Little Birds / Hawk and Crow / Leatherwinged Bat
Liam O'Connor of Pomeroy, Co. Tyrone, sang The Hawk and the Crow to Peter Kennedy in 1953. This recording, “enhanced” by Kennedy's banjo playing, was included in 1995 on the Saydisc album Traditional Songs of Ireland. Kennedy noted:
This was a rare find. Previously I'd only come across this Birdie Song in Cecil Sharp's collection from the Southern Appalachians, made during the First World War, from North Carolina and Virginia, so we were delighted to encounter this version in its probable place of origin.
Kevin Mitchell sang Two Strings on a Bow on his 1977 Topic album of Irish traditional songs and ballads, Free and Easy. John Moulders commented in the album's sleeve notes:
American singers call this song The Bird’s Courtship or The Leather Winged Bat—it’s quite common there but only once has it been collected in the British Isles; Peter Kennedy and Sean O’Boyle obtained it from Liam O’Connor of Pomeroy, Co. Tyrone. (Kennedy, Folk Songs of Britain and Ireland, no. 295). Kevin’s version, again given him by Anne Brolly (see The Magherafelt May Fair), shows only slight verbal differences from Liam O’Connor’s and it’s possible that Anne, reared in Coalisland, only 12 miles from Pomeroy, has the song from him. Kevin has changed the tune of the chorus so that the air as a whole is that of the hornpipe The Cuckoo’s Nest—a not inappropriate combination of tune and words.
Lucky Bags sang Leatherwinged Bat in 1998 on their Fellside album Delight in Disorder.
Megson sang The Leatherwinged Bat in 2012 on their album of children's folk songs, When I Was a Lad…. They commented in their album notes:
Also known as The Birds' Courting Song or The Hawk and the Crow, this ballad tells the stories of various birds in their courting expeditions and how they have succeeded and failed.
The Outside Track sang The Hawk and the Crow in 2012 on their CD Flash Company. They commented in their liner notes:
Peter Kennedy collected this song from Liam O'Connor in 1953 and published it in Folksongs of Britain and Ireland. Thanks to Brian Hart and Brian Miller for bringing this song to our attention.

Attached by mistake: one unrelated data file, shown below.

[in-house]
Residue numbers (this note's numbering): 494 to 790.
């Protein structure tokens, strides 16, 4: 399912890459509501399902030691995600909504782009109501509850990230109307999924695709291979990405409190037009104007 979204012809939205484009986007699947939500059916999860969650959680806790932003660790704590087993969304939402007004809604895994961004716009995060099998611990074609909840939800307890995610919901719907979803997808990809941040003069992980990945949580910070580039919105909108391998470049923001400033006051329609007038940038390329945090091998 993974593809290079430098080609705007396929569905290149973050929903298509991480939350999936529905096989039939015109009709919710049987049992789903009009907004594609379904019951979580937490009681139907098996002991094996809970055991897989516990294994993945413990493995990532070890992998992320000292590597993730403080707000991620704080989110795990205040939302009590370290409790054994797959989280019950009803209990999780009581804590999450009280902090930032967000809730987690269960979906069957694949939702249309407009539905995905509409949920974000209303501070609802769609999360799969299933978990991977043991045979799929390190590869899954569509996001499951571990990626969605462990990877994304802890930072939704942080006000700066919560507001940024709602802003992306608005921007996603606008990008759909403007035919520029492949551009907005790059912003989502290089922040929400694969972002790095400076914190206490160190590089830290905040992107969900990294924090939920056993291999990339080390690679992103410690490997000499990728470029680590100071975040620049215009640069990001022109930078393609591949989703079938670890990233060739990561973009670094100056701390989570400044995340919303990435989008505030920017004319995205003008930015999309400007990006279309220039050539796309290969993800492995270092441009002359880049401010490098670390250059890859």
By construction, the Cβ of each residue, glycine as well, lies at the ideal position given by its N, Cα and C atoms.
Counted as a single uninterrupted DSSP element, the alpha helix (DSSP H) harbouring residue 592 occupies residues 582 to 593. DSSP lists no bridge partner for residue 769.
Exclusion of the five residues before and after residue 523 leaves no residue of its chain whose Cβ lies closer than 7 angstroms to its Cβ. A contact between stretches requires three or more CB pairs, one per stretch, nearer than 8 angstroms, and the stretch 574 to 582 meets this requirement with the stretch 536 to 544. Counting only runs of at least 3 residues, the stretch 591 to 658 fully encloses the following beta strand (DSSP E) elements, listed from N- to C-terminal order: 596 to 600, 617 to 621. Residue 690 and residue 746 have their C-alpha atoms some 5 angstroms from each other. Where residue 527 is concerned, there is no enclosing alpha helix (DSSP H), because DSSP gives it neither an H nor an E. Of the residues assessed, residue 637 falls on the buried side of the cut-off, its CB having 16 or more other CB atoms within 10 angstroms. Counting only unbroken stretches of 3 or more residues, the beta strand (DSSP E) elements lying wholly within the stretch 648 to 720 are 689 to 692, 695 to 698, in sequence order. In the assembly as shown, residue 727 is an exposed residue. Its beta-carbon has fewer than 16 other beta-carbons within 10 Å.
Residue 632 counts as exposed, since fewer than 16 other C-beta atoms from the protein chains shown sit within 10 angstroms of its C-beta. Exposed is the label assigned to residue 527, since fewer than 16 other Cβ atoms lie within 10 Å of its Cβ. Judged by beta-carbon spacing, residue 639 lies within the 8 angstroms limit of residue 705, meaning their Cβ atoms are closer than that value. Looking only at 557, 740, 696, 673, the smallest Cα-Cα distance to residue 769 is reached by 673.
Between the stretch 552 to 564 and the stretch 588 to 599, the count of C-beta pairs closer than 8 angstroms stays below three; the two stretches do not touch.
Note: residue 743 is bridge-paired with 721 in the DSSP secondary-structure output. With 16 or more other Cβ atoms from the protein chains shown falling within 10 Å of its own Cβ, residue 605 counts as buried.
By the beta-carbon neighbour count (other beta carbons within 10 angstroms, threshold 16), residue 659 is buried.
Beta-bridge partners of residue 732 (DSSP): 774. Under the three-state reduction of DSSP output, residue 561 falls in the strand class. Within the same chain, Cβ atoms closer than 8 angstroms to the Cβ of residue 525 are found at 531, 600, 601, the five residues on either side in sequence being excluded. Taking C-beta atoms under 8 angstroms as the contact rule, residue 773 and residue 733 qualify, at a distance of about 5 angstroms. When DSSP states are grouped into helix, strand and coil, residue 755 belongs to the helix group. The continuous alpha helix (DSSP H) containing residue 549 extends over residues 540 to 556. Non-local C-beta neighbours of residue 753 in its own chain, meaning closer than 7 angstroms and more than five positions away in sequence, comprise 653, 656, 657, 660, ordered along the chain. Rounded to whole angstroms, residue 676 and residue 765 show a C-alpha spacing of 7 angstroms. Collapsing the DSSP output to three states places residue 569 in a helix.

Lucy Farrell with Eliza Carthy, Bella Hardy and Kate Young sang Little Birds in 2013 on Carthy Hardy Farrell Young's album Laylam. She commented in the liner notes:
Little Birds was from a Cecil Sharp collection of American Songs [English Folk Songs from the Southern Appalachians, Volume 2, p. 304, collected from Mrs. Jane Gentry at Hot Springs, N.C., September 12, 1916]… from a time that I only sang songs that had birds in…
Emily Smith sang Hawk and Crow in 2014 on her album Echoes.
Maz O'Connor sang Bird Song in 2014 on her album This Willowed Light. She commented:
This song was collected by Cecil Sharp in the Appalachians. My friend Jack [Harris] has given it a beautiful new tune.
Andy Turner learned The Hawk and the Crow from Kevin Mitchell's album and sang it as the September 2, 2016 entry of his project A Folk Song a Week.
Said the Maiden sang The Birds' Courting Song on their 2017 CD Here's a Health. They noted:
This song describes the acquisition of characteristics for a number of species of winged creature. We learned it from the Muppets.
|Liam O'Connor sings The Hawk and the Crow||Emily Smith sings Hawk and Crow|
Said the hawk unto the crow one day,
Said the hawk unto the crow one day,
Chorus (repeating each verse's second half):
And next there spoke the Willie Wagtail,
The next to speak was Willie Wagtail,
And next there spoke the little brown thrush
Then up and spoke the little brown thrush,
And last there spoke the Jeannie Wran,
And the last to speak was Jenny Wren,
Lucy Farrell sings Little Birds
Says the robin as he flew,
“When I was a young man I chose two.
If one didn't love me the other one would,
Don't you think my notion good?”
Says the blackbird to the crow,
“Why do the white folks hate us so?
For ever since old Adam he was born
It's been our trade to pull up corn.”
“Hoots!” says the owl with his head so white,
“It's a lonesome day and a lonesome night.
I thought I heard some pretty girl say,
She'd court all night and sleep all day.”
“No, no,” says the turtle dove,
“That's no way for to gain his love.
If you want to gain his heart's delight,
You must keep him awake both day and night.”